Wednesday/ rain aplenty

Looks like we’re going to spill over into the new year with rain every day here in Seattle (with a little break on Thursday morning). The yearly precipitation total stands at 40.71″ ( yearly normal 37.49″ ).

Does the New Year’s Eve rain matter? No. The annual fireworks display at the Space Needle, and gatherings at Gas Works Park had been cancelled a long time ago.

There will be a ‘virtual’ Space Needle celebration/ ‘fireworks’ display instead, on the local TV station channel.  One could argue it’s more or less the same as watching real fireworks on TV — or is it not?

There was a break in the rain just before sunset today. Here’s Olympic Pizza & Spaghetti House III (left) on 15th Ave. A few customers can sit outside, and they have carry out, of course. Governor Jay Inslee has extended the ban on indoor dining to Jan 11. Washington State is doing OK to contain community spread of Covid-19, but I cannot see that the ban will be lifted anytime soon.

Monday night/ snow report

Here’s my ‘snow report’ from last night.
There was just an inch or so on the ground, not enough to stick to the streets and pavements for too long.

This 7.40 pm, as big, soft snowflakes were coming down, at 15th Ave East and Republican St. That’s Uncle Ike’s entrance (pot shop) with its ‘electric trees’,  and the Hopvine pub next to it.
A little while later the snow had stopped. This is looking north, standing at the corner of 16th Ave East and Roy St.

Monday/ winter is here, and a little snow

It’s winter here in the North, officially.
The city has had plenty of rainy, windy weather yesterday and today (1.58 in. measured in 48 hrs at Seatac Airport’s gauge).
.. and hey! the snowflakes coming down in the mix tonight, formed a thin layer on my back deck.

There was a break in the rain this morning, and I spotted this Anna’s hummingbird (Calypte anna) outside, attracted by the budding yellow flowers on the mahonia behind it. The rain and wind picked up again soon, though, and the little bird was gone.

Thursday/ blue sky & dry tennis courts

Well,  the rain stopped long enough today for the sky to clear .. and for the tennis courts at Jefferson Park to dry out.
So when the text messages from my tennis group came in asking who could play, I jumped at it. We had 52 °F/ 11 °C, which is still OK to play in. Temperatures down to around 45 °F/ 7 °C are increasingly dicey, and 40 °F/ 4 °C is a hard no for me.

The tennis courts at Jefferson Park in the Beacon Hill neighborhood are in good shape, and have flood lights to boot. Look for the little piece of rainbow on the lower left of the picture.

Wednesday/ it’s December, so it rains

A major winter storm is bringing heavy snow into the Northeast of the country. Here in the Pacific Northwest we just have rain. (There is snow in the mountains, of course, but it’s not cold enough for snow on the city streets, yet.) November’s total came to 5.6 in, somewhat below the average of 6.6 in.

Here’s the soggy corner of 15th Ave & Republican at 4.15 pm. The decorated trees are at the entrance of Uncle Ike’s, purveyor of marijuana products. There’s a speck in the middle of the picture, up in the blue-gray sky: a surveillance helicopter. Seattle Parks and Recreation agents have tried for most of the day to clear the homeless campers from Cal Anderson Park, and they have only met with limited success so far.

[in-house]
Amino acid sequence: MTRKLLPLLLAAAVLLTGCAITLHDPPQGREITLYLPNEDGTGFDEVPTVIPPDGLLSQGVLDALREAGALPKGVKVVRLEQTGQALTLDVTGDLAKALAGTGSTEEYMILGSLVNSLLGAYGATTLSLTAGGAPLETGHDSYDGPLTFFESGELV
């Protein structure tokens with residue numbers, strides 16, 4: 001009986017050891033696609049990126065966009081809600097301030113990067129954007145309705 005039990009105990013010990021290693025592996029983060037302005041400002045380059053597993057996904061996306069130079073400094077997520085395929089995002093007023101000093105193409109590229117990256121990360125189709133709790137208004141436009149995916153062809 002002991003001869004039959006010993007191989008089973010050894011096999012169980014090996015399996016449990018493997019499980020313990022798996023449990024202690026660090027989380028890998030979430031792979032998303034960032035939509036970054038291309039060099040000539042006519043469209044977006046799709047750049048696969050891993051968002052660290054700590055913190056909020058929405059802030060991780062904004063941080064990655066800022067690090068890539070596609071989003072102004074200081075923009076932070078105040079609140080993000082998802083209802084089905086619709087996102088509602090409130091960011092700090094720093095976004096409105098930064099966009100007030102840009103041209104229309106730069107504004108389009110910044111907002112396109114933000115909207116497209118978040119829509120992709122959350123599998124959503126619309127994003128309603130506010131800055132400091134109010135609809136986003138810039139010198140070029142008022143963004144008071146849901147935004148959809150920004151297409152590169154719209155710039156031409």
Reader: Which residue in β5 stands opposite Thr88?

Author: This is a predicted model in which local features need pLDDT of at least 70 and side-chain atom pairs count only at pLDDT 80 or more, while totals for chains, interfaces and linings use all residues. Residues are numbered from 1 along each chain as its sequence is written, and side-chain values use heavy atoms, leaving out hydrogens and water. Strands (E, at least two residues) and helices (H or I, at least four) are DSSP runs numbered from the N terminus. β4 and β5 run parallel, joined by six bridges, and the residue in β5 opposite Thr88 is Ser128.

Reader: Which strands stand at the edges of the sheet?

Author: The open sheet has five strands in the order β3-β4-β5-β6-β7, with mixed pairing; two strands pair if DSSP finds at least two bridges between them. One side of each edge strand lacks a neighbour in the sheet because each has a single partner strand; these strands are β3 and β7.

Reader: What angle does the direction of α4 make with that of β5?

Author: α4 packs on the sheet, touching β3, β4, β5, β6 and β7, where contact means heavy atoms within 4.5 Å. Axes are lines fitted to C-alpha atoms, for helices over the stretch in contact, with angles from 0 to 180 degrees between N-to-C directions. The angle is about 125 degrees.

Thursday/ lots of rainy weather

There’s going to be rain every day the next week. It is November, our wettest month, after all. Rainy, breezy, showers. Low 43/ high 50 °F on Friday.. that’s 6 °C/ 10 °C! Not very warm, but not freezing. [Graphic from King5 Weather].

The pictures below are from Wednesday when it was still dry.
I walked down to the Capitol Hill public library — looking like a bank robber with my mask and woolen skull cap.
Only the lobby of the library is open right now, but that’s OK. It’s a hot spot for downloading electronic newspapers with the Pressreader app onto my iPad.

Friday/ it’s scarf time

It’s time to get out the woolen hats and scarves here in Western Washington. It was 48 °F (9 °C) as I headed out the door, while there was still a little gray daylight left.

I don’t know the name of this tree, but the yellows and oranges of its leaves are spectacular.
New construction on 15th Avenue. Looks like there are three condominium homes, judging from the three mailboxes on the sidewalk. Interesting rusty metal finish (iron oxide?). They would go for oh, $1 million or so, each. Great general location, BUT 15th Ave is busy and noisy in daytime.
Here’s the Walgreen pharmacy on the corner of 15th & Republican saying ‘COVID-19 VACCINE NOT YET AVAILABLE‘ on the door. (Wow. Can it be that people are beating the doors down, so to speak, inquiring about the vaccine every day?). We do need a vaccine. We’re hitting new daily record high numbers of cases here in the United States.

Sunday/ no sun today

The sun did not come out today, but the soft rain had cleared up by the afternoon so that I could go for a walk.
The high was 60 °F/ 15 °C.

The letter balloon display by this house was a little deflated — but it is still getting its message out.
And here is a new sign by the Biden campaign. Get it? Bi-den = Bye Don(ald Trump). It’s not a done deal, of course. The Washington Post reports of a Democratic voter that says ‘I am feeling anxious and trapped between a sense of unbridled optimism and sheer dread’. How can we not, remembering 2016?

Saturday/ foggy and mild

It’s been foggy in the morning here in the city all week.
The air quality has been decent, in spite of a number of fires still burning in Washington State and on the West Coast.

Tiny droplets stick to the spider webs in the morning and make them stand out sharply. Later, as the sun comes out, the drops will disappear, and Mr Spider will regain the stealthiness of his trap.